February 26, 2014
A Better Fetal Genetic Test
In an article about a hugely improved genetic test for fetal DNA an interesting fact gets revealed: Lots of free-floating DNA in a pregnant woman's blood comes from the placenta around the fetus.
The screen analyzes blood from women who are at least 10 weeks pregnant. At that point, about 10 percent of DNA in the blood will be fetal DNA from the placenta, Dr. Bianchi said.
One consequence of very accurate fetal DNA testing: more abortions due to genetic defects. In any society with legal and easily available abortion services the amount of genetically defective babies will go down. I'll leave it to you all to form your own moral judgments about this.
Genetic selection by abortion is very inefficient and I expect a big shift to in vitro fertilization (IVF) combined with extensive pre-implantation genetic testing. This shift will start within 5 years whether or not the medical regulatory system supports it. People will travel abroad if they need to because the benefits will be so large. By selecting between several fertilized eggs prospective parents will be able to get more of their preferred chromosomes passed along. The result: smarter, better looking, healthier kids with personalities more tuned to success.
The upper classes especially will prefer to start pregnancies via IVF. Look at how much they spend on private schools and supplementary private lessons and learning experiences for their kids.
Genetic markers associated with about half of intelligence differences have already been found. An offshore clinic could start offering embryo genetic screening today if they could find a company willing to build them the gene chips they need to do the testing.
Randall Parker, 2014 February 26 09:46 PM
Only someone who has never been through IVF could think this will happen soon. Unless success rates go over 75%. Going through IVF especially multiple cycles is really rough. 50% of pregnancies end in miscarriage. Self injecting 2x a day for a month and then have a miscarriage is really hard on a women. PGD is very limited right now, they just test for one gene or chromosomal abnormalities. There are better tests in the pipeline, but they aren't widely available yet. Even with better tests getting success rates up is key, I think it has to be more likely to work then the old fashioned way, plus give better results, to make the onerous process worthwhile.
(I thought I put this comment up already, but it isn't appearing)
Genetic selection works a lot better if you can select egg and sperm separately, then combine. The obvious problem is that you can't analyze the genetics of a gamete without damaging it.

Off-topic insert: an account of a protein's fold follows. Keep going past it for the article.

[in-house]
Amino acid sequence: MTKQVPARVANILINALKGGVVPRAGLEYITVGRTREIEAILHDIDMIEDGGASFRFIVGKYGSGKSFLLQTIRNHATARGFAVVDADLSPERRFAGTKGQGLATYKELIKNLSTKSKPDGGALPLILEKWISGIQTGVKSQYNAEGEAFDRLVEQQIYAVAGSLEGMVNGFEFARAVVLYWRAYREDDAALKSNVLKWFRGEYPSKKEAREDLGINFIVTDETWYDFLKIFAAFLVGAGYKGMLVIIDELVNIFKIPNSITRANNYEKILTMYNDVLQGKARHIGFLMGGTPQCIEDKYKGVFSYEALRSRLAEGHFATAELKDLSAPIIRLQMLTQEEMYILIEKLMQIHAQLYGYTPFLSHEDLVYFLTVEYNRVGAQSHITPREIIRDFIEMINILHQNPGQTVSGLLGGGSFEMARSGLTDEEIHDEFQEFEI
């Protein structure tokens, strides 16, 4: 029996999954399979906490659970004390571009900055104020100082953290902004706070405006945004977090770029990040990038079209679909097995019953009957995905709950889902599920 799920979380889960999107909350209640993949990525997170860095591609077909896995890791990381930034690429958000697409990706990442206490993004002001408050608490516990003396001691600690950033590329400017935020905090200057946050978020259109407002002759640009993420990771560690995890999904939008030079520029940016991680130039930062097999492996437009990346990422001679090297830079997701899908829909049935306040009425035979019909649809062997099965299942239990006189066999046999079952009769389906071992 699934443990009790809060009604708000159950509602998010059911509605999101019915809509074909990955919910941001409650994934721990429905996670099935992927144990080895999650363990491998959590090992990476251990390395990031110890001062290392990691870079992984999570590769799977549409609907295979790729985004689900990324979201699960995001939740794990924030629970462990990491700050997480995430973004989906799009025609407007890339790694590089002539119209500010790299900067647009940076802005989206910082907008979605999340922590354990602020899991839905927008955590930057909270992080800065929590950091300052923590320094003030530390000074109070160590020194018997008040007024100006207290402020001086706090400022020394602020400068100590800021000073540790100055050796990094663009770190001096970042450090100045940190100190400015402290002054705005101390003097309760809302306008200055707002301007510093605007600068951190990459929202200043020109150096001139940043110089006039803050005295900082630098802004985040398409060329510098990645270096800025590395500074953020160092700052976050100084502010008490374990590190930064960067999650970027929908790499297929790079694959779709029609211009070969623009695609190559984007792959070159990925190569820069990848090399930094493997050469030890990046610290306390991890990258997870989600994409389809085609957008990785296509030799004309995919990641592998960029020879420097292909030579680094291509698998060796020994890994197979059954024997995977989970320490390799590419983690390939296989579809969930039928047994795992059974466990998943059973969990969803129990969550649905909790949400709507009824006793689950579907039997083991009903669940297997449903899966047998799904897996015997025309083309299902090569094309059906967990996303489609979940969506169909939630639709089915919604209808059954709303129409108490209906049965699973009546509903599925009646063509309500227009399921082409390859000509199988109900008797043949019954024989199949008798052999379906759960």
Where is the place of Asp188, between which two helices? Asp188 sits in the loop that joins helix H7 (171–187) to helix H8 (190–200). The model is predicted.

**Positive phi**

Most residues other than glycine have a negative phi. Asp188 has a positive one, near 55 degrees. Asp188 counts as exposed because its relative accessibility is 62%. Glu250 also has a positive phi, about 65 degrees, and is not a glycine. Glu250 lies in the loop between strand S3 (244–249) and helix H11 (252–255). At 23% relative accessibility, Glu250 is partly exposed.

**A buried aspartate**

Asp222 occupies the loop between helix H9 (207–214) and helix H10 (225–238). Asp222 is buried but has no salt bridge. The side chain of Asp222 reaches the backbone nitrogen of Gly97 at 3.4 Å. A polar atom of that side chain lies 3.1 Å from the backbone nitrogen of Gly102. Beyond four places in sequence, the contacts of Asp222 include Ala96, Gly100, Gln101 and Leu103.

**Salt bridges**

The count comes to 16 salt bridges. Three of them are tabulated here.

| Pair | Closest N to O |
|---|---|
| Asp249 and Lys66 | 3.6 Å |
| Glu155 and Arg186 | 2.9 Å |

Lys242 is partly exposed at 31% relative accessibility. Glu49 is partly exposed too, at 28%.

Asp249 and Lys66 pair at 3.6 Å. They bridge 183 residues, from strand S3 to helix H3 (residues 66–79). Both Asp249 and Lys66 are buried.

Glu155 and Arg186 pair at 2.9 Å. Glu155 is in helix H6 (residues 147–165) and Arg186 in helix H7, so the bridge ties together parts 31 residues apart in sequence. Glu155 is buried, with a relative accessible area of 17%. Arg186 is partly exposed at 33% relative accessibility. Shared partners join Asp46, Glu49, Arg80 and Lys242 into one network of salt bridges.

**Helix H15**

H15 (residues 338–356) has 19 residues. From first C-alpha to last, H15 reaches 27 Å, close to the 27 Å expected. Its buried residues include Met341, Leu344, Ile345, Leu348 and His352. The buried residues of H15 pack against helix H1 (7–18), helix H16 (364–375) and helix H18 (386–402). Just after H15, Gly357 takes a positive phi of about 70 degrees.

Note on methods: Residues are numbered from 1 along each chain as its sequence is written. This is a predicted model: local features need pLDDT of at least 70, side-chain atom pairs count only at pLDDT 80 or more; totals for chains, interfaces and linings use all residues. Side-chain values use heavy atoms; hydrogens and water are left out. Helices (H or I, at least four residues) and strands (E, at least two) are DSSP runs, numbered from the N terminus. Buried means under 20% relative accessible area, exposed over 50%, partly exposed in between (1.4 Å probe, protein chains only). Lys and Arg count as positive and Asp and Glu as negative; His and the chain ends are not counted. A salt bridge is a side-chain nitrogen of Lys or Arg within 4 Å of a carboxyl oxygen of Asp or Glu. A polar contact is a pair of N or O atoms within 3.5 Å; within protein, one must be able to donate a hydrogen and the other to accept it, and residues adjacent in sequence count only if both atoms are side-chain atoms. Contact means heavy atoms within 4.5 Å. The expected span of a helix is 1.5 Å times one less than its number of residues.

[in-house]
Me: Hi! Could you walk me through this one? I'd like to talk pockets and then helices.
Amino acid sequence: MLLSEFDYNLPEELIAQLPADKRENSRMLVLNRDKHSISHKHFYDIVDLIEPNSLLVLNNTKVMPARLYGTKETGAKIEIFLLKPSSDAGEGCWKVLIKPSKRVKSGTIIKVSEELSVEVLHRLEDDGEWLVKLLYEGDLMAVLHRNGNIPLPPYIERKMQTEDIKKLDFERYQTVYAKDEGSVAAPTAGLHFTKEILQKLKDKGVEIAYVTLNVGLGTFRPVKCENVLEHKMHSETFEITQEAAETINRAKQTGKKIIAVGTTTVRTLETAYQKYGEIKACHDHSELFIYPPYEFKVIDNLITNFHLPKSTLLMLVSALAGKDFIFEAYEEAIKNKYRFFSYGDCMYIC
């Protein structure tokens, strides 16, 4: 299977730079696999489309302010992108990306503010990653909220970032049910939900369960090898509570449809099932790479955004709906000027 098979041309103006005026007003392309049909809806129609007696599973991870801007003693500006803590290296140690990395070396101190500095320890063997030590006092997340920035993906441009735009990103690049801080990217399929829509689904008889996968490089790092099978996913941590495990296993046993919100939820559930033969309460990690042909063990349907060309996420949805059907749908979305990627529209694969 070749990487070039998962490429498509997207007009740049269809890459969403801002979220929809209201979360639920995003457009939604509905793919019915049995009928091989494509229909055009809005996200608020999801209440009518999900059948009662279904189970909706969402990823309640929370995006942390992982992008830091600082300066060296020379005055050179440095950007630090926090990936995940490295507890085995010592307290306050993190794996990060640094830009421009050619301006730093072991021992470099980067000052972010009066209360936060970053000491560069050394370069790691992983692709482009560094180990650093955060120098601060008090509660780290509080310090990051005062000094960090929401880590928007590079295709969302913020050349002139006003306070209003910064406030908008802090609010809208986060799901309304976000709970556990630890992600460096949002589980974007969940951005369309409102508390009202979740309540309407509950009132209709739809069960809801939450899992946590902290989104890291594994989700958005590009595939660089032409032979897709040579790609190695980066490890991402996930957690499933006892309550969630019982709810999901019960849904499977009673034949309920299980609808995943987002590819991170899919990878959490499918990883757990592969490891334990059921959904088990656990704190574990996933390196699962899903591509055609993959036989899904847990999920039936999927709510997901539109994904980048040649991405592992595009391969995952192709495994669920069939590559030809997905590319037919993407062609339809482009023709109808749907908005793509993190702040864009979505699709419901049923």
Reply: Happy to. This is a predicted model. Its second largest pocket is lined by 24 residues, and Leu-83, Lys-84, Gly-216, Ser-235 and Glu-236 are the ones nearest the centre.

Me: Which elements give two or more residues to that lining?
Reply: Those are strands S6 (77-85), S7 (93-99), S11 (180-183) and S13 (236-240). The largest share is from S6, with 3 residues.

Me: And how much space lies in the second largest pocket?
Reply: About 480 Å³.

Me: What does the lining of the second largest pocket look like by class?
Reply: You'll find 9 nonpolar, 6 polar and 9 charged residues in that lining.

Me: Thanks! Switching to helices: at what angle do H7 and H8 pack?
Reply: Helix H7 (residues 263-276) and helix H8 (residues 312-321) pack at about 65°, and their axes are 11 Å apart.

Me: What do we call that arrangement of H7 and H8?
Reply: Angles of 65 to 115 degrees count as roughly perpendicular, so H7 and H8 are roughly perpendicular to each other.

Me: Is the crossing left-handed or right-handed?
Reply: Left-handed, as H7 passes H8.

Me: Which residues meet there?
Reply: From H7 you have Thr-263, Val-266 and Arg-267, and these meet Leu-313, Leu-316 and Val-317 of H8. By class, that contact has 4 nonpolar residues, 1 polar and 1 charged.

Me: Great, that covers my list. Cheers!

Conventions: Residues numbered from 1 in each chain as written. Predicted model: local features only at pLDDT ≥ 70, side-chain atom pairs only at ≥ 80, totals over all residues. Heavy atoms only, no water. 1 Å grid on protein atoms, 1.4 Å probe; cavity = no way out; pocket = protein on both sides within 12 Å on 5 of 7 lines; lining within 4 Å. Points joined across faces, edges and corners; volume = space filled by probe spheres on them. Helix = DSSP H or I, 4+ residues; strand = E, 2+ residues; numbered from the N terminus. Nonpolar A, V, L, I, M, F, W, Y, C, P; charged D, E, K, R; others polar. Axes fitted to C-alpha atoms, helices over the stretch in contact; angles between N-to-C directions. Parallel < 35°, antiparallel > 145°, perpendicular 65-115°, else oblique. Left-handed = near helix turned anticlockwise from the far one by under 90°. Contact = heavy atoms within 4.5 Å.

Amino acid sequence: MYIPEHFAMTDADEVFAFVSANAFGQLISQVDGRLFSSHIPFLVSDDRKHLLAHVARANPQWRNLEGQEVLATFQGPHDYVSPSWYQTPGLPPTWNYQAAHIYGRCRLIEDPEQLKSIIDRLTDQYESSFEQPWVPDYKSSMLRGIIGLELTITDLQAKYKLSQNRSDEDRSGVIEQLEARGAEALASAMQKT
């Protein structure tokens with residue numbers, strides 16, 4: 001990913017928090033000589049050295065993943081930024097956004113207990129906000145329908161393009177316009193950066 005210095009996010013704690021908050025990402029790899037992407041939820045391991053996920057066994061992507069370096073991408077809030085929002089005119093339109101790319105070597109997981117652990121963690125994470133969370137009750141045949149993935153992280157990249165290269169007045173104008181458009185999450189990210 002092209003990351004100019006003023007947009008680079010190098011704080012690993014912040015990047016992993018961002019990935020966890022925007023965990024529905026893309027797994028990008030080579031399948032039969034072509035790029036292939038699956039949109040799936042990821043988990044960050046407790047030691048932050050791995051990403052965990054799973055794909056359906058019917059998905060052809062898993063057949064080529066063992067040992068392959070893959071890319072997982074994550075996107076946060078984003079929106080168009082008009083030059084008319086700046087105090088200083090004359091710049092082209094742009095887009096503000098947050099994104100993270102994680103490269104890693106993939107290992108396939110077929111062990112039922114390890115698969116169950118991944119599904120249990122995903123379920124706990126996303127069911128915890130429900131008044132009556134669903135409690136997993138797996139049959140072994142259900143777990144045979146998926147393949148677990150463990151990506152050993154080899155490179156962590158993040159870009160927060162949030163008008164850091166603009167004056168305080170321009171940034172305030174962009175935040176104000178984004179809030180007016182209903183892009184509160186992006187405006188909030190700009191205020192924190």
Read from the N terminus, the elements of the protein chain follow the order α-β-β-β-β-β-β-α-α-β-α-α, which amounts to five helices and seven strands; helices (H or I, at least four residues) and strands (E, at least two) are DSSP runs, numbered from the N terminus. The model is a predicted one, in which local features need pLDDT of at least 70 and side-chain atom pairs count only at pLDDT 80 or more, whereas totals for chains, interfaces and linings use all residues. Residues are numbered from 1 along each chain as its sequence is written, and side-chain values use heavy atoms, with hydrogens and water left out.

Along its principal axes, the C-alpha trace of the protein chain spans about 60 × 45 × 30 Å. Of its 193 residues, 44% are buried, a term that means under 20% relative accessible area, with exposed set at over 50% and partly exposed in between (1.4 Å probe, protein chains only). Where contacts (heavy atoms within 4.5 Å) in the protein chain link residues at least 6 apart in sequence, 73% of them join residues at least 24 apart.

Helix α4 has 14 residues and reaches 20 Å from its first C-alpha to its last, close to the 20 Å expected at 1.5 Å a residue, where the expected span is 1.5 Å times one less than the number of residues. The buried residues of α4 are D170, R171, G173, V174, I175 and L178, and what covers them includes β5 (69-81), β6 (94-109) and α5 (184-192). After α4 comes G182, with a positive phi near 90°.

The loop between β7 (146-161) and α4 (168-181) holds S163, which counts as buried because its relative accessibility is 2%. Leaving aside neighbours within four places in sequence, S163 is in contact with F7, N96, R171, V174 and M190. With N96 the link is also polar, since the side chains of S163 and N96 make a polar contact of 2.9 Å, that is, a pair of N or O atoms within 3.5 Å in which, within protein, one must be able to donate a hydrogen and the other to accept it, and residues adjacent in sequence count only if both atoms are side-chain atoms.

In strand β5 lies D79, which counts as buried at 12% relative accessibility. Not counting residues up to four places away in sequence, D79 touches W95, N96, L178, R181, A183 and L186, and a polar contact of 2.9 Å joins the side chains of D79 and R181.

The solution, proposed in an early Heinlein novel, is to produce the gametes in vitro, capture the extra bodies—each gamete has only half the genes—and analyze them. Analyzing any cell gives you the full genotype, subtracting what isn't in the gamete tells you what is.
According to a recent BBC story, an early version of this is now being done as part of IVF.
The cost is too high for natural pregnancy followed by frequent rejection until the spawn is “just right." Improved IVF is the only realistic option for quality spawn.
Joe is right. IVF efficacy rates have to increase before this scenario will play out. IVF is rather rough on the woman doing it.
Although do keep in mind that low IVF success rates are already selection-biased by the fact that most of the time it's much older couples who are using it.
According to my Spec Fiction scenario, all this should be a integrated, tax-credit scheme. One of the first things to do is to collect gametes from men and women when they are, say, 16-20 years old. These are preserved on a little pad of liquid N for the next forty years, as which time they are either destroyed or the owner begins paying full fees. Amniocentesis (or the scheme of testing fetal DNA from a material blood sample--neat!) and free RU486 if required is the next piece. DNA testing (think "23 and Me")will help increase citizens' self-knowledge and inform important decisions. There's more, but that's a big start. Fewer genetically handicapped persons and more highly fit persons is a big payback from such a program.
I can not find the BBC story that you speak of. Can you remember any terms in the article that would help when searching for it?
What is the purpose of collecting the gametes when someone is young? To boost their fertility when they are older?
My guess is that by the time it could come to use the the gametes it would be better to take some adult cells from the same person, do genetic editing on them, and come up with far better starter cells for beginning a pregnancy.
The biggest problem with IVF is age of the woman's body, not age of the cells used to create an embryo. Therefore an older woman either needs rejuvenation or to pay a host to carry the baby to term. If memory serves from reading a blog post by David's son, David has a grandchild which was carried by a paid host.
That much DNA in the woman's blood and the immune system does not try to destroy it?